ek'-sor-siz'-m, ek'-sor-sist (Exorkistes, from exorkizo, "to adjure" (Matthew 26:63)):
One who expels demons by the use of magical formulas. In the strict etymological sense there is no exorcism in the Bible. The term "exorcists" is used once (Acts 19:13) in a way to discredit the professional exorcists familiarly known both among Jews and Gentiles.
2. Method of Expelling Demons in the New Testament:
The method of Jesus in dealing with demoniacs was not that of the exorcists. While it is said (Matthew 8:16) that He "cast out the spirits with a word," it is abundantly clear that the word in question was not ritualistic but authoritative. In Luke 4:35 we have a typical sentence uttered by our Lord in the performance of His cures:
"Hold thy peace, and come out of him." In Mark 9:29 we have Christ's own emphasis upon the ethical element in dealing with these mysterious maladies: "This kind can come out by nothing, save by prayer." In Matthew 12:28 Jesus gives His own explanation of the method and power used in His cures: "But if I by the Spirit of God cast out demons, then is the kingdom of God come upon you."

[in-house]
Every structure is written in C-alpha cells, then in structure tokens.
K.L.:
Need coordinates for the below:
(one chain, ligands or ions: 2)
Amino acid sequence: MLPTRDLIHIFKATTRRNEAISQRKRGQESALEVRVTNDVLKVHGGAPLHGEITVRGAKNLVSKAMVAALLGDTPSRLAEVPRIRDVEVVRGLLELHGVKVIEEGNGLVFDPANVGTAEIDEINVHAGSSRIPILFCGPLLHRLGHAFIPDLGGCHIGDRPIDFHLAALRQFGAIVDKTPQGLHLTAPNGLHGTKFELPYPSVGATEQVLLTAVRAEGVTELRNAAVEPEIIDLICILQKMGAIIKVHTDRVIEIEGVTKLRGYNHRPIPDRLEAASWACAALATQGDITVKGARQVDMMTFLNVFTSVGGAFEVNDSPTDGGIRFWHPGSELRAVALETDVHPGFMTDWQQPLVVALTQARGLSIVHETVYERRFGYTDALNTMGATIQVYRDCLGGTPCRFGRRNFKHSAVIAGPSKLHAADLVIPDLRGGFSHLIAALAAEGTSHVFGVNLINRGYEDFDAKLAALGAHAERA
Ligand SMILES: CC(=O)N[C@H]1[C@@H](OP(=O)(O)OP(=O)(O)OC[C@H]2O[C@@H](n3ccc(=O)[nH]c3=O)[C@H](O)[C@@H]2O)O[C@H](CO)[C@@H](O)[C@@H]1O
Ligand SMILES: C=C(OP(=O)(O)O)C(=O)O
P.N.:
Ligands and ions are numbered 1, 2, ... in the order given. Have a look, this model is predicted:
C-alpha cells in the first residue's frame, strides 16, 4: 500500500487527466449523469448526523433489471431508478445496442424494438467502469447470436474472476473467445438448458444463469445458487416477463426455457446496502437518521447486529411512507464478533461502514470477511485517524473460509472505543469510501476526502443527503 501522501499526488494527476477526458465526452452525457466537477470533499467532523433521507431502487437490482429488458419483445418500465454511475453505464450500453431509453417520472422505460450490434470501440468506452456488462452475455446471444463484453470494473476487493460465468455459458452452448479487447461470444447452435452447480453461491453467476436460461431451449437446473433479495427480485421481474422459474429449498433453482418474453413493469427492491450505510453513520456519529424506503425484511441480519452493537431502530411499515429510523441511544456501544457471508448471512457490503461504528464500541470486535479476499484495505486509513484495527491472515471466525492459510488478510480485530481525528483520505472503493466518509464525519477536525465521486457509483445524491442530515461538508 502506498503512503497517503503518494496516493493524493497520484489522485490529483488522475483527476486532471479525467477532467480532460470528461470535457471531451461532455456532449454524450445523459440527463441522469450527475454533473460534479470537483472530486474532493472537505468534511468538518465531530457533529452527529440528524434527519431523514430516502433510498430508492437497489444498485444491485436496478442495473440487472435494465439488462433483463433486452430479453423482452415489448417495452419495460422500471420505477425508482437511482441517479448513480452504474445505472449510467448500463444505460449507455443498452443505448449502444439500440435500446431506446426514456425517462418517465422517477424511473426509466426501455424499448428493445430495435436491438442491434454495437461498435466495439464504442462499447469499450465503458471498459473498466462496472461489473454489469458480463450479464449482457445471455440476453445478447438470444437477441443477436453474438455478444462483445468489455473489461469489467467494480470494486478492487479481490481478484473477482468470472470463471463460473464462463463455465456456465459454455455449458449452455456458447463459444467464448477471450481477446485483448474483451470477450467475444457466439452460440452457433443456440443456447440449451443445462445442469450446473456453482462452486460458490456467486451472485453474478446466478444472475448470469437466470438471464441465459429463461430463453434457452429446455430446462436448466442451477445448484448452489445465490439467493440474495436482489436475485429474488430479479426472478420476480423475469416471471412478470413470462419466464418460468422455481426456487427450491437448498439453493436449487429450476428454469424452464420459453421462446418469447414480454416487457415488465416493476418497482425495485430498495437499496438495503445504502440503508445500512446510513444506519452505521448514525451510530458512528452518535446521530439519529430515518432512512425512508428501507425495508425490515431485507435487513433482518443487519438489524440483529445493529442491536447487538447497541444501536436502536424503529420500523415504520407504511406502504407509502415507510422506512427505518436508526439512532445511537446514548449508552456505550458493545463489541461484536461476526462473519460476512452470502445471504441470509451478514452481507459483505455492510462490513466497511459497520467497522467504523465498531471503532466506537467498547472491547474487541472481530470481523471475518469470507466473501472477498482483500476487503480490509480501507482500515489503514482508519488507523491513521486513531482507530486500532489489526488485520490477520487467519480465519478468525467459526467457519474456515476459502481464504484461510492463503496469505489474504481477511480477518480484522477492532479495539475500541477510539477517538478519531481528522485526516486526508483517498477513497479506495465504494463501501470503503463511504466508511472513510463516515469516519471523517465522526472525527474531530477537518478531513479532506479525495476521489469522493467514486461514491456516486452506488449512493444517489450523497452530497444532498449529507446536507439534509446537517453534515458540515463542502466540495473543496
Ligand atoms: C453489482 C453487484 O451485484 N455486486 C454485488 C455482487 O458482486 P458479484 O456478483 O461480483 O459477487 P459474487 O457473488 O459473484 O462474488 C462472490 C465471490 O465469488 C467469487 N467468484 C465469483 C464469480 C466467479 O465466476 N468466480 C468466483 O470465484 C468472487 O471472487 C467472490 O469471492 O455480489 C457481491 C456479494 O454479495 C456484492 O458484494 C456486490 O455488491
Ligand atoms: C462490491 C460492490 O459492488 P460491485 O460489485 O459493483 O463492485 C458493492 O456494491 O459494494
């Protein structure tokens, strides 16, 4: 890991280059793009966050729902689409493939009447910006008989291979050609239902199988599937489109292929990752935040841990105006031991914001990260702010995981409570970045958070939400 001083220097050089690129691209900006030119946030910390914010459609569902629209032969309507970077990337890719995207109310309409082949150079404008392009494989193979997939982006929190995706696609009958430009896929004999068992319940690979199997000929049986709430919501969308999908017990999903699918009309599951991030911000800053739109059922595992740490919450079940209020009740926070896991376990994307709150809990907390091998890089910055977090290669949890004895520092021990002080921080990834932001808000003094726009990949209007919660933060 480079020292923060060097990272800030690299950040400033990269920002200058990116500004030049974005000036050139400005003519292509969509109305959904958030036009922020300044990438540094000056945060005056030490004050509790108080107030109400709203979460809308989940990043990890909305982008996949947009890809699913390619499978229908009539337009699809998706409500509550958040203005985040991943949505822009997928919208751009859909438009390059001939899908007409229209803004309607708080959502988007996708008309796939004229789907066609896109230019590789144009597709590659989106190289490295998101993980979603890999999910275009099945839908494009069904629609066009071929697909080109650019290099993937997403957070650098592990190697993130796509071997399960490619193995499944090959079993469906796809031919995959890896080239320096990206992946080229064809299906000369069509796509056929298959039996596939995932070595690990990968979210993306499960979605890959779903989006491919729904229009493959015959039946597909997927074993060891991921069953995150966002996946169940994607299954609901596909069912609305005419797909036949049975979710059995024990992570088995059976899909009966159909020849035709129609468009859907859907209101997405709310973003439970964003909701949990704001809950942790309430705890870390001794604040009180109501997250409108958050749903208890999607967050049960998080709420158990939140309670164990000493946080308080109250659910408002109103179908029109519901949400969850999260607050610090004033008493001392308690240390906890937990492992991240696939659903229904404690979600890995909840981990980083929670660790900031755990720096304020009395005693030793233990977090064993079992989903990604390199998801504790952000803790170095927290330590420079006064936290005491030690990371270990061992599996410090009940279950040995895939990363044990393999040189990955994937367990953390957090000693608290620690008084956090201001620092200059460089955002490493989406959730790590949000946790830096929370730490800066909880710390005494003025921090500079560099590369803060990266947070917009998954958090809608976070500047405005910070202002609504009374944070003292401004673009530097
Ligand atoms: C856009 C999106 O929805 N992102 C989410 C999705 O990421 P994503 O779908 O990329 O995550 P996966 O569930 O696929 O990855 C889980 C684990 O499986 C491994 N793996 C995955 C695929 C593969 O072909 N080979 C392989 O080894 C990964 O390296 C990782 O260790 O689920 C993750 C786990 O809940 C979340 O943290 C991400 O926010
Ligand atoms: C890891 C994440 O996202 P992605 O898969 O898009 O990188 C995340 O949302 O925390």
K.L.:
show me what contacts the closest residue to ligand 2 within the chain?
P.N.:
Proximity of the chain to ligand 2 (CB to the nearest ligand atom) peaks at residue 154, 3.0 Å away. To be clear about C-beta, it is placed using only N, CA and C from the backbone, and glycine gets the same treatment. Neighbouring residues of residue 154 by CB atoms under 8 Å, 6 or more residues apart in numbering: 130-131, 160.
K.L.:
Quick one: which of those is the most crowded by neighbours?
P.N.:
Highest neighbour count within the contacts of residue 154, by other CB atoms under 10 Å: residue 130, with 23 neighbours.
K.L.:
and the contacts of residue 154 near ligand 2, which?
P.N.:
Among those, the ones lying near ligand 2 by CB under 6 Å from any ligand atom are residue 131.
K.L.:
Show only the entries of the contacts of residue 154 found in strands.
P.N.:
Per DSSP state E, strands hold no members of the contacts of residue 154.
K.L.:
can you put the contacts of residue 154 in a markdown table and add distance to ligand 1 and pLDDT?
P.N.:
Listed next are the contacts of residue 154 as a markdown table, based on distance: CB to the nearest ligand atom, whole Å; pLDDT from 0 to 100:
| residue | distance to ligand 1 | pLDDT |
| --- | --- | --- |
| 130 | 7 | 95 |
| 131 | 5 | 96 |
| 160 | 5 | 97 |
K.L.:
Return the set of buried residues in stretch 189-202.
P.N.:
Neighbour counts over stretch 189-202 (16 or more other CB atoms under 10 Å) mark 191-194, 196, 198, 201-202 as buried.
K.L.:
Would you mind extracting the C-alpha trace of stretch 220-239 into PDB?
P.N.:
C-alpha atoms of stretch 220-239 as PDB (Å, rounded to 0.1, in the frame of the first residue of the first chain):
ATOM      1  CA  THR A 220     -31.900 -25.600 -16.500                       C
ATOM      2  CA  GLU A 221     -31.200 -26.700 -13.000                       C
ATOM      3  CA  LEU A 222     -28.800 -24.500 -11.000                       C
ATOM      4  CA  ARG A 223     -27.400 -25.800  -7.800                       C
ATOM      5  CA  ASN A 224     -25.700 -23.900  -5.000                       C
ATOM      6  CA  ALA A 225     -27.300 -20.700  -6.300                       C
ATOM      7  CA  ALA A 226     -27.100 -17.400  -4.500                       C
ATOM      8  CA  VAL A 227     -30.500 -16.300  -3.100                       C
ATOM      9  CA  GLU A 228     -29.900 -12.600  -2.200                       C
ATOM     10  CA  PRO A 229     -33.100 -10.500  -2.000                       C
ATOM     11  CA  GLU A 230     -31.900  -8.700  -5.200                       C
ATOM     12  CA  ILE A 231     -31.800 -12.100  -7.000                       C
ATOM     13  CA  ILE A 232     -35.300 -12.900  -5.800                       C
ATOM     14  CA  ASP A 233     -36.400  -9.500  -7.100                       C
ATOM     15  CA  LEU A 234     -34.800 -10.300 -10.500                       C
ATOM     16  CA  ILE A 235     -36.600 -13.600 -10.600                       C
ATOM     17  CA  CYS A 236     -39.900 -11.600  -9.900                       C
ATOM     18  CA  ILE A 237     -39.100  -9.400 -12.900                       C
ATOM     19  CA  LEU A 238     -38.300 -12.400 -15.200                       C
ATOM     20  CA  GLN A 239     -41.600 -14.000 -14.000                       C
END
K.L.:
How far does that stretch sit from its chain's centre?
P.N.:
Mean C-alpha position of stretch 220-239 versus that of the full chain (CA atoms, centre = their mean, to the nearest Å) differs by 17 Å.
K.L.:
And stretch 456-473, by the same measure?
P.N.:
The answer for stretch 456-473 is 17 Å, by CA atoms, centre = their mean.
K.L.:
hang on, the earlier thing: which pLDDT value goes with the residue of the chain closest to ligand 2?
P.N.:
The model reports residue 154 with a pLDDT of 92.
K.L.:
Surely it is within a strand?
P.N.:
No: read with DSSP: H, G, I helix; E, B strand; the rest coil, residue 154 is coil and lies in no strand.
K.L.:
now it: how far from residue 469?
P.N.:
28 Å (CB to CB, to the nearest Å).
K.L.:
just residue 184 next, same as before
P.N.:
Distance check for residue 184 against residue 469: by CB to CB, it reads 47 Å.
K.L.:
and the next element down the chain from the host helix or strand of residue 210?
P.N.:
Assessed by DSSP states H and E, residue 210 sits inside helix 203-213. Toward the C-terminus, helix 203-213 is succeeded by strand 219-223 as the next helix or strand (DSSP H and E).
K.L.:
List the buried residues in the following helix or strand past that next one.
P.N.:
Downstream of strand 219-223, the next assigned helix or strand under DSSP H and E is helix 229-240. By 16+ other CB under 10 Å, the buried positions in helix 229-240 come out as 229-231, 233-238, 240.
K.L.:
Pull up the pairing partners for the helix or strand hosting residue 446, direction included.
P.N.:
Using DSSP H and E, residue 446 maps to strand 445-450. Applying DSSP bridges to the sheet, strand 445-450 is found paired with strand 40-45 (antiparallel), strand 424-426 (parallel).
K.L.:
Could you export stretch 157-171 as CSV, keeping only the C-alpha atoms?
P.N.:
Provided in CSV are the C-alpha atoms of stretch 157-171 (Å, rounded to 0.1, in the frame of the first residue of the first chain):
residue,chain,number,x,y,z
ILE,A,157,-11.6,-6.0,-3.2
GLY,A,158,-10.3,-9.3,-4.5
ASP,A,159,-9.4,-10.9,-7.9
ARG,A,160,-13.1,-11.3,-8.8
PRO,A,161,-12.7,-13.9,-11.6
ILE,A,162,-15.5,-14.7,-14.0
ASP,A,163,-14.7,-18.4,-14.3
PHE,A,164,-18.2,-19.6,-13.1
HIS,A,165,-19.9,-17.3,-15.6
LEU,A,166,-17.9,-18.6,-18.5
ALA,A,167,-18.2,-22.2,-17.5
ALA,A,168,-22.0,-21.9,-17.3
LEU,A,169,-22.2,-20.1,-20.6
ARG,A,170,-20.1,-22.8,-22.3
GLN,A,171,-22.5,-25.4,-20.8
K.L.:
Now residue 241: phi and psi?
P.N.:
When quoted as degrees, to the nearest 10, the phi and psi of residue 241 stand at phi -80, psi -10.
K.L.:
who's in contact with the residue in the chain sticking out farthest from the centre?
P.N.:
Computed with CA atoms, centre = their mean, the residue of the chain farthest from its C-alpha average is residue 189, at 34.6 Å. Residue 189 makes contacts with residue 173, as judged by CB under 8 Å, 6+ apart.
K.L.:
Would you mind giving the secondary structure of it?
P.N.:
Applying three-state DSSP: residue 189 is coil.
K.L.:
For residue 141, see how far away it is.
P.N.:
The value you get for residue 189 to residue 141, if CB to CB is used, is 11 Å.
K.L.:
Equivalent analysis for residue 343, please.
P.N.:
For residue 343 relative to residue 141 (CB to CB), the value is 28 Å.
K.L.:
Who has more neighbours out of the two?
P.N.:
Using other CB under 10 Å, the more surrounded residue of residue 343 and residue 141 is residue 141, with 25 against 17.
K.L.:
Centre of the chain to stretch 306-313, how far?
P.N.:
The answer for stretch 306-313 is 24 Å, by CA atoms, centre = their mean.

In Luke 9:1 the terms "authority" and "power" are used in such a way as to show the belief of the evangelists that to cure demon-possession an actual power from God, together with the right to use it, was necessary. This group of passages gives the New Testament philosophy of this dread mystery and its cure. The demons are personal evil powers afflicting human life in their opposition to God. It is beyond man unaided to obtain deliverance from them. It is the function of Christ as the redeemer of mankind to deliver men from this as well as other ills due to sin. Miraculous cures of the same kind as those performed by Christ Himself were accomplished by His disciples in His name (Mark 16:17). The power attributed to "His name" supplies us with the opportunity for a most enlightening comparison and contrast.
3. Exorcism in Ethnic and Jewish Writings:
Exorcism among ancient and primitive peoples rests largely upon faith in the power of magical formulas, ordinarily compounded of the names of deities and pronounced in connection with exorcistic rites, upon the bodies of the afflicted. The words themselves are supposed to have power over the demons, and the mere recital of the correct list of names is supposed to be efficacious.